On The Sacramento Bee's soft spot for K.J.

The Bee has been criticized before for its handling of Johnson’s various controversies, and this latest legal dust-up isn’t helping

It’s weird when news organizations become the news. But that’s exactly what happened when Mayor Kevin Johnson filed a lawsuit against the city and SN&R.

The July 1 lawsuit came after SN&R refused to back off its public-records request for emails between his office and attorneys involved in a legal entanglement with the National Conference of Black Mayors. As a result, Johnson sued to block the city’s release of said emails, citing attorney-client privilege—emails that the city attorney had already determined to be public record.


Even taking SN&R out of the equation, the lawsuit is odd—and a pretty big deal. When was the last time (if ever) that a mayor sued his or her own city? When was the last time (if ever) that a mayor requested a restraining order against the city he or she governs?

News of Johnson’s landmark legal moves spread fast. By end of day Wednesday, all three major local TV news stations had visited SN&R’s Del Paso Boulevard headquarters to interview publisher Jeff vonKaenel. National outlets such as Deadspin, The Huffington Post and USA Today also picked up the story.

All of which just makes The Sacramento Bee’s coverage of the lawsuit all the more, well, weird.

Take its initial report, for starters: After the news broke, the paper posted a short, unbylined brief on its website. That’s not necessarily the strange part; breaking news is a fast beast, surely the paper’s print version would be meatier.

Nope. The Bee’s July 2 print version of the story was buried on page A3, credited only to “Bee Metro Staff.”

How and why, exactly, did Bee editors decide this story wasn’t front-page news?

(Full disclosure: I worked at the Bee from 2000-09 as a features writer and have a pretty good idea of its newsroom politics. Getting bylined credit for a juicy city scandal story is a big, big deal.)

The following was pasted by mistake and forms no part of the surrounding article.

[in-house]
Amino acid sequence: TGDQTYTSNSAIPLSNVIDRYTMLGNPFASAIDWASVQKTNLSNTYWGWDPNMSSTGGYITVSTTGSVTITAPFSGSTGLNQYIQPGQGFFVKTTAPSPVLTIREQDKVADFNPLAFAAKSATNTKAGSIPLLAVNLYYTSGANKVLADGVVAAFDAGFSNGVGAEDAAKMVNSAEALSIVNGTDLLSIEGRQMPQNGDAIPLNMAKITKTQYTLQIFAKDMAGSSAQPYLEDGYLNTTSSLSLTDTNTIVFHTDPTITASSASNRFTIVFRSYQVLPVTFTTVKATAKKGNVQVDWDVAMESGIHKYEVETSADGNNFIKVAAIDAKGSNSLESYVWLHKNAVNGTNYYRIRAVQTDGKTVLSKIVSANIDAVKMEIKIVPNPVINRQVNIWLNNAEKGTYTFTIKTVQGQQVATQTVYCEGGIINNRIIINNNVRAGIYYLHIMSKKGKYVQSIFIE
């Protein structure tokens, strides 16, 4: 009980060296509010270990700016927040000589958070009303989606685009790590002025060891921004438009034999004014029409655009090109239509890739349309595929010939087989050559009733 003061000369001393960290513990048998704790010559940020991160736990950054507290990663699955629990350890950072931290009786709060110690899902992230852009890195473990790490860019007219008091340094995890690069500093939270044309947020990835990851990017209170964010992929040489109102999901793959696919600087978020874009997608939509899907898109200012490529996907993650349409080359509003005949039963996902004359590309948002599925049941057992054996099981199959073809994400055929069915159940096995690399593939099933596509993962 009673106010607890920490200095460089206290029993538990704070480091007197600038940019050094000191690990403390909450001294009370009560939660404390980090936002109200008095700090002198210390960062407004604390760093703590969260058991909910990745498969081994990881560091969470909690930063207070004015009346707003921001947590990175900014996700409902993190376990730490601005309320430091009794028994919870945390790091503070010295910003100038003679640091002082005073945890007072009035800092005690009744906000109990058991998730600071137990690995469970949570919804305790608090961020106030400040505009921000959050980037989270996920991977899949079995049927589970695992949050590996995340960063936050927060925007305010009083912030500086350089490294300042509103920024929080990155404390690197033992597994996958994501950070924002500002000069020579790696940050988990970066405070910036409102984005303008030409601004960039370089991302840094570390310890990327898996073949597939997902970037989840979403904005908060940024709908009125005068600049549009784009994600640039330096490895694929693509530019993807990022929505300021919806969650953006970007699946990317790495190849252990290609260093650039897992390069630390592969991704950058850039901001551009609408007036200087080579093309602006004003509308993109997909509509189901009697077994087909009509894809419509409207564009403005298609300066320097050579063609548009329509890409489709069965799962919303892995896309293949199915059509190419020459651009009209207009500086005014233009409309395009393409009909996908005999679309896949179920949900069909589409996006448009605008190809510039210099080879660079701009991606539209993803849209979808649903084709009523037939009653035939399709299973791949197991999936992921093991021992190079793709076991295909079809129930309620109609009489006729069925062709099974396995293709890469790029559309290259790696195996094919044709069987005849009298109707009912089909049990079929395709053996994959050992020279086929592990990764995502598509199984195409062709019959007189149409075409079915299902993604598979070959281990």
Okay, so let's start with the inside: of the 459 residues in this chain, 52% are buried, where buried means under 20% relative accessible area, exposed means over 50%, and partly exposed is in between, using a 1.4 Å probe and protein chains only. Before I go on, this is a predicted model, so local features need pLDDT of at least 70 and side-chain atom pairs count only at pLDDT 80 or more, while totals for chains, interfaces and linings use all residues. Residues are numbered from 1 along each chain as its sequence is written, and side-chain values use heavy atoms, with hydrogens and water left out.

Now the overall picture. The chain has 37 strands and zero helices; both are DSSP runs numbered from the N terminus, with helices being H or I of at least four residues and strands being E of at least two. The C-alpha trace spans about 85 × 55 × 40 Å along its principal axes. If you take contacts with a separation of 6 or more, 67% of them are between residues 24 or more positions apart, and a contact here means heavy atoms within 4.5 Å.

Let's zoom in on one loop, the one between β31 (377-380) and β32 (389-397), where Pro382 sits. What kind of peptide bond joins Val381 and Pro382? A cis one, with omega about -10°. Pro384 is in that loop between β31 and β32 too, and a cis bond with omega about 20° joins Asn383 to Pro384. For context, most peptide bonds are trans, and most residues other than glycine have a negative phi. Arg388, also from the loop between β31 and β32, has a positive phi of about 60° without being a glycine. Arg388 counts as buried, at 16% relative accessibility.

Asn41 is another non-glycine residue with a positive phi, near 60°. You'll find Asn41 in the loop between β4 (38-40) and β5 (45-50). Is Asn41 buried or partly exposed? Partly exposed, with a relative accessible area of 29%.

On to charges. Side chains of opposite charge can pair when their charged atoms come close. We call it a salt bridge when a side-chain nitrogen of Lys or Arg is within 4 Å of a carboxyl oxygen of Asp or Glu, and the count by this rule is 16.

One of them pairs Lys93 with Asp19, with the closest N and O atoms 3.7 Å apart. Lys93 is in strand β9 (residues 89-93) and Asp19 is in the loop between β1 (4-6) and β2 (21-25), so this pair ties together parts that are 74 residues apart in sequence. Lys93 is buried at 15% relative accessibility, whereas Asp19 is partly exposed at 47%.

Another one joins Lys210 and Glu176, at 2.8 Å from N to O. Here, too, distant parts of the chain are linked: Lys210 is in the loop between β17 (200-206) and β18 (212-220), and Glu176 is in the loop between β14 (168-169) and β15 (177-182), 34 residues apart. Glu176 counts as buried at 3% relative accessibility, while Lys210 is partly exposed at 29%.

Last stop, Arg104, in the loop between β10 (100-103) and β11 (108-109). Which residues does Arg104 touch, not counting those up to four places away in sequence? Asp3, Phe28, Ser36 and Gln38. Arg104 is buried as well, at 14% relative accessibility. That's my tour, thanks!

But the weirdness doesn’t stop there. There’s also the Bee’s mischaracterization of its own role.

The lawsuit states that the Bee “agreed that all privileged communications may be omitted from its public records request. The SNR, however, has refused to withdraw its request.”

The Bee’s coverage offered a different take, however. The July 2 print story contradicted the lawsuit’s claim, and the paper’s own prior claim, that editors had agreed to anything: “To expedite the remainder of the records request, The Bee said in an email that those attorney communications could be omitted … if the city independently determined they were privileged. Because the city determined they are not privileged, The Bee is still requesting those records.”

Makes sense.

However, a June 25 email from Bee reporter Marissa Lang to Johnson attorney David Pittinsky contradicts that assertion.

In the email, which was included as evidence in the lawsuit filing, Lang writes, “I spoke with my editors and our legal counsel and we’ve decided that any emails independently found by the city attorney to fall under attorney-client privilege can be omitted from the PRA request.”

In other words, the Bee agreed to Johnson’s demand to back off those emails.

The Bee also reported a different version of SN&R’s role. In a July 3 story—this one with a byline for veteran reporter Dale Kasler—it claimed SN&R refused to make a deal with Johnson’s attorney because we were “insisting on getting all the emails right away.”

The takeaway? The Bee’s approach has been professional and fair while SN&R has resorted to aggressive and unreasonable tactics. Or, as the lawsuit read, we’re being “stubborn.”

The only thing our paper has insisted upon is legal due process.

An email exchange with Bee editors eventually resulted in a formal correction in the paper’s July 4 edition.

The Bee has been criticized before for its handling of Johnson’s various controversies, and this latest legal dust-up isn’t helping its reputation as a paper that’s friendly to a fault when it comes to the mayor.

Earlier this year, for example, an embarrassing exchange between Johnson and his attorney Jeffrey Dorso came to light after SN&R filed a records request for emails between the mayor and his staff.

“Met with [Sacramento Bee columnist] Marcos Breton today and put him in the dog house,” Dorso wrote to the mayor and staff in 2013. “He tried to back peddle [sic] saying it was just more neutral than negative. I hit him on this saying he needs to keep in mind his goals and focus on economic benefits of downtown development. He said he would do a better article Sunday.”

It’s a newspaper’s duty to investigate and accurately report. Whether the Bee’s revisionist take on the story is intentional, clearly it needs to spend less time worrying about its own image—or the mayor’s.

To do otherwise makes the Bee a gatekeeper for Johnson’s agenda instead of the public watchdog it’s supposed to be.

An earlier version of this story stated that the Sacramento Bee did not correct an error regarding its coverage of the lawsuit in print. That is incorrect, the Bee revised the story online and ran a correction in its July 4 edition. SN&R regrets the error.